School officials won't apologize to second-grader
The school superintendent in Louisiana's Lafayette Parish says a second-grader was disciplined
for behavior problems, not for saying his mother is gay, and that the district will not apologize. "An apology is not due," Superintendent James Easton said. "The child was not singled out because his parent is gay." The American Civil Liberties Union, along with Sharon Huff and her son, Marcus McLaurin, say that he was punished for saying his parent is gay. The ACLU sent a letter Monday demanding an apology and hinting that it will sue if Easton does not apologize.
In a prepared statement Wednesday, Easton wrote that, after reviewing papers and meeting with the principal, he had concluded that the disciplinary action "was unrelated to any judgment by school officials regarding sexual orientation or practices, or the student's discussion of that particular topic." Rather, he wrote, it "was related to ordinary student disturbances, which were hindering the classroom learning process and which were addressed in an appropriate fashion by the teacher and school administrator."
ACLU state director Joe Cook released a behavior report signed by teacher Terry L. Bethea. The report states, "Marcus decided to explain to another child in his group that his mom is gay. He told the other child that gay is when a girl likes a girl. This kind of discussion is not appropriate in my room,"
Bethea wrote. "I feel that parents should explain things of this nature to their own children in their own way." The ACLU also released a "behavior contract," sent to the mother about the child's punishment. At the top was written, "He explained to another child that you are gay and what being gay means."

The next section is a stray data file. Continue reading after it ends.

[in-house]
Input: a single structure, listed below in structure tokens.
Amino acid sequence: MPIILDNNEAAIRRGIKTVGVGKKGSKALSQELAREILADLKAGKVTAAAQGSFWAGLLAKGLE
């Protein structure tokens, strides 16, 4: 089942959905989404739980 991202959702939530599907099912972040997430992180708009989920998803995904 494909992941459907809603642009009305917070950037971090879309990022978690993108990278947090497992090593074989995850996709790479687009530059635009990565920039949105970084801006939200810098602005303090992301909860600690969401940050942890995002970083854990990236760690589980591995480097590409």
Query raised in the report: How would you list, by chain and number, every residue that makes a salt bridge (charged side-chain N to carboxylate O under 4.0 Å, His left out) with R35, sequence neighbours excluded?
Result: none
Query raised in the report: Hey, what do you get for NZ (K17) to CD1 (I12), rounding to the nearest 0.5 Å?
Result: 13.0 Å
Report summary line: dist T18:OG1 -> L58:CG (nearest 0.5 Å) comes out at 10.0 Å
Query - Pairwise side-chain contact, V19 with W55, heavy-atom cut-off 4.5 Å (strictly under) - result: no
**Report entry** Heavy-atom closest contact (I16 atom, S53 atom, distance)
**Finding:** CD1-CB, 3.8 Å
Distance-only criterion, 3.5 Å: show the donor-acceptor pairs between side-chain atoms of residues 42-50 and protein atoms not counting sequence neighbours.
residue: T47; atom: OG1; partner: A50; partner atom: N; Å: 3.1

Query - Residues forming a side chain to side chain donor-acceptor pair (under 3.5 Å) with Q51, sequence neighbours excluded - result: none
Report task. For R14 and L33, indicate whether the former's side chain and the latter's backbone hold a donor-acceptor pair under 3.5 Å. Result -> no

Marcus was required to fill out a form, in which he wrote, "I sed bad wurds." In a space for "What I should have done," he wrote, "Cep my mouf shut."
Cook said he has not received an official response from Easton. But he repeated that unless the school system apologizes to Huff and her son and removes any mention of the incident from the child's record, he will consider a lawsuit or other action.
Easton strongly denied that the boy was made to write repeatedly "I will never use the word 'gay' in school again," as described in the ACLU complaint. Cook said the ACLU stands behind its statement. Easton told The [Lafayette] Advertiser on Tuesday that Marcus should not be
punished for using the term "gay," but added, "He could be disciplined for describing bedroom antics, something that was personal, that took place at home." Easton said Marcus was sent to a behavioral clinic a week after the "gay" incident because he was disrupting the classroom and not completing an assignment. However, the November 17 date for "behavior clinic" was on the behavior report signed November 11. Huff said no one told her Marcus was disruptive, and there was no paperwork
indicating he was being troublesome in class.